SEARCH AND SEIZURE
Gregory M. CaskeyJudge of the Superior Court, State of California (Ret.)
Davis v. United States131 S.Ct. 2419 (6/16/11)
Issue: Should exclusionary rule be modified to permit use of evidence seized by police in reliance on existing Supreme Court precedent?New York v. Belton, 453 U.S. 454 (1981)Arizona v. Gant,556 U.S. 332 (2009)
Ashcroft v. al-Kidd131 S.Ct. 2074 (5/31/11)
Issue: Is “motive” relevant when suspected terrorist is seized pursuant to material witness warrant?When, if ever, is “motive” or “purpose” a relevant factor in deciding whether a search or seizure violated the fourth amendment?
Kentucky v. King131 S.Ct. 1819 (5/16/11)
Issue: What test should be used to determine whether police “manufactured” the exigency?Was the conduct of the police preceding the exigency reasonable?Did the police threaten to force entry if occupants did not open the door?Court rejects other tests including any focus upon the good or bad faith of the officer.
City of Ontario v. Quon130 S.Ct. 2619 (6/17/10)
Issue: Was search of government employee’s cell phone by employer a violation of the employee’s reasonable expectation of privacy?Questionable whether the employer conducted a “search” of the cell phoneWould/should the analysis differ if the cell phone was owned by the employee?
United States v. Jones(cert. granted 6/27/11)
Issue: Did warrantless installation of GPS tracking device and 24 hour monitoring for 28 days violate Jones’ reasonable expectation of privacy?
Search Incident to Arrest
Overview and PerspectiveLeading Supreme Court decisionsChimel v. California,395 U.S. 752U.S. v. Robinson,414 U.S. 218 (1973)Arizona v. Gant,556 U.S. 332 (2009)Bright and Not so Bright Lines
Custodial arrest?Where was object (weapon, evidence) found?On the person (or closely associated)?Within reach?When was the object found (in relation to the arrest)?
Chimel v. California395 U.S. 752 (1969)
When police make an arrest, they may searchThe person being arrested;Containers in his or her possession (either on or “closely associated with” the person);Weapons or destructible evidence in the “area within arrestee’s immediate control.”“Twin rationales”:Officer safetyandpreservation of evidence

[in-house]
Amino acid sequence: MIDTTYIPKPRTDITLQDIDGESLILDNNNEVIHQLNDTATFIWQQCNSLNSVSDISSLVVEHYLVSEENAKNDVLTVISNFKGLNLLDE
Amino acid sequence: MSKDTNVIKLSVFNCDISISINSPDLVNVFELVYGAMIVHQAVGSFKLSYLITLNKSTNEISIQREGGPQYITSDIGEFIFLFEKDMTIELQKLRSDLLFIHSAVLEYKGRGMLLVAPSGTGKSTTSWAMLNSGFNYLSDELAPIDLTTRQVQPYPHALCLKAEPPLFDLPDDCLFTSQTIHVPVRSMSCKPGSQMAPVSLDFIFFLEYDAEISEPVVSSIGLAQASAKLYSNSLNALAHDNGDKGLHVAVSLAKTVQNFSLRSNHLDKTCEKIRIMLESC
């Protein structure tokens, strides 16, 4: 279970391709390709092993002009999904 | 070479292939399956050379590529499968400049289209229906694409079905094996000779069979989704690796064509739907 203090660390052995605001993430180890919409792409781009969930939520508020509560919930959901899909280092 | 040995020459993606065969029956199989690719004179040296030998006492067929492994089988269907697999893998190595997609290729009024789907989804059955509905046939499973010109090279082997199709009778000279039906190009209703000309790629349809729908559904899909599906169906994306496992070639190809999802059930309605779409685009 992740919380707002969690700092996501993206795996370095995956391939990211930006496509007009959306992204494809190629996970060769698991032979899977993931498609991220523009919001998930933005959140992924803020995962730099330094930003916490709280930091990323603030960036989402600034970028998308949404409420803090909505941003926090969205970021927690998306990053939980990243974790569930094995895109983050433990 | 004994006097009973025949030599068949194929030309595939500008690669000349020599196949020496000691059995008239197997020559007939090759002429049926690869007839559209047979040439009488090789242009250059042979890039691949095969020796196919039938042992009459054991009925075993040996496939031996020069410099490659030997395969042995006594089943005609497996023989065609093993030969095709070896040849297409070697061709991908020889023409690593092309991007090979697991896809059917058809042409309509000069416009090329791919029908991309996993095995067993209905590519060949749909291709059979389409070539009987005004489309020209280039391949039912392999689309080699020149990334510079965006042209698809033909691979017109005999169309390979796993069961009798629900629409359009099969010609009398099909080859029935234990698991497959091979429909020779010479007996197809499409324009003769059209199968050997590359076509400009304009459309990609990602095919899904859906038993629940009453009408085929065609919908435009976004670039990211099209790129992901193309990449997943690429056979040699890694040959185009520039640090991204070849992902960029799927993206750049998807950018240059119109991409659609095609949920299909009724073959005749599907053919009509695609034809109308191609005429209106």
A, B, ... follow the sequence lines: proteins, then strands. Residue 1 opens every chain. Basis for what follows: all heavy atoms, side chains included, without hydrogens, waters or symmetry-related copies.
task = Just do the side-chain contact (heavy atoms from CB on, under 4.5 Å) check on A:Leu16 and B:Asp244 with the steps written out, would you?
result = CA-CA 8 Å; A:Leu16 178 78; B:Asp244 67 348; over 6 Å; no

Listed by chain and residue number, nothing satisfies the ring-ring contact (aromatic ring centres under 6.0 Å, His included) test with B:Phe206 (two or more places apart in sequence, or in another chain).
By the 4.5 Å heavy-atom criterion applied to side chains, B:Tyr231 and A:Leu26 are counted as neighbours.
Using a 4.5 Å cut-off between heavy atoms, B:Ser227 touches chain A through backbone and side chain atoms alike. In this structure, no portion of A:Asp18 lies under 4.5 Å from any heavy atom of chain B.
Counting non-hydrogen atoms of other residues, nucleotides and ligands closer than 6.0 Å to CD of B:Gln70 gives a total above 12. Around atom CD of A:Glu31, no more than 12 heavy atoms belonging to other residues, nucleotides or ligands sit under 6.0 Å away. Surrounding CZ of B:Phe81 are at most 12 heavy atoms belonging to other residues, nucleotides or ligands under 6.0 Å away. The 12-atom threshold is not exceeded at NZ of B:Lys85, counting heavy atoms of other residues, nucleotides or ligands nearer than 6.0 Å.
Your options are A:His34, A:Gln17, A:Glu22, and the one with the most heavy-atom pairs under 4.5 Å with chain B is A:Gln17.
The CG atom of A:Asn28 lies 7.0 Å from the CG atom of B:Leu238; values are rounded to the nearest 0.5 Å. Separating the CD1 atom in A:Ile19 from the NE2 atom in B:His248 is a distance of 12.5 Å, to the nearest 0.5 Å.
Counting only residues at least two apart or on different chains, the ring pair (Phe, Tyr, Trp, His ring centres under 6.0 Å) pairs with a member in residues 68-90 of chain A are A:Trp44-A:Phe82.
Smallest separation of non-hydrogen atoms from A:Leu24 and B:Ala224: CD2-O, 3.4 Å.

Any object or container foundonthe arrestee’s person orclosely associated with the personat the time of arrest, may be searched without a warrant.A search for weapons or destructible evidence “in the immediate area” of the arresteeat the time of arrestis permissible if the officer had a reasonable belief such items would be found in the location searched.
Reason for Arrest
Is thereasonthe person was placed into custody a factor in determining whether a “search incident to arrest” is lawful?Search of person or items “closely associated with the person” vs.Search of “area within immediate control” for weapons or destructible evidence.
Delaying the Search?
For officer safety, an officer may delay the search incident to arrest until the arrestee has been secured. True or False?U.S. v. Edwards,415 U.S. 800 (1974) andU.S. v. Chadwick,433 U.S. 1 (1977)
A search incident to arrest is limited to acustodialarrest.Fourth Amendment is not violated if an officer places a person into custody for a fine-only infraction committed in the officer’s presence.Atwater v. City of Lago Vista,532 U.S. 318 (2001)
Use of Force
An officer may usereasonable forceto conduct a search incident to arrest;Preventing an arrestee from ingesting illegal substances is permissible so long as the force used is not excessive.Obtaining samples of blood, saliva or hair are reasonable provided the seizure does not expose the arrestee to an unjustifiable element of personal risk of infection or pain.
Contain vast amount of private information.Should such electronic devices be accorded greater protection than any other “file” or “container”?Is there a temporal limit to a search of a cell phone seized at the time of arrest?On or closely associated“Area of immediate control”
Search of Vehicle
A search of a vehicle, or containers inside a vehicle, incident to the arrest of an occupant or recent occupant is no longerautomaticallypermitted.Search for weapononlywhile arrestee is unsecured and able to access the vehicle (which should never occur!);Search for evidenceonlyif the officer has “reason to believe” suchrelevantevidence will be located therein.
Narrowing the Exclusionary Rule
Judicially created modification of the exclusionary ruleUnited States v. Calendra,414 U.S. 338 (1974)United States v. Leon,468 U.S. 897 (1984)
Arizona v. Evans,514 U.S. 1 (1995)Hudson v. Michigan,547 U.S. 586 (2006)Herring v. U.S.,555 U.S. 135 (2009)Davis v. U.S.,___U.S.__, 131 S.Ct. 2419 (2011)
Sole purpose of exclusion isdeterrenceExclusion is aseparateissueDeterrence tied toculpabilityof the officer’s conductWas the officer’sconductadeliberate, reckless or grossly negligentdisregard of 4thAmendment?Simple “isolated” negligence?Objectively “reasonable good faith belief”?
When officer is wrong
Should analysis of good faith depend upon whether the mistake is one of fact, law or combination of both?Is the officer’s state of mind relevant on whether his or her conduct was objectively reasonable?Culpability for failing to know the law?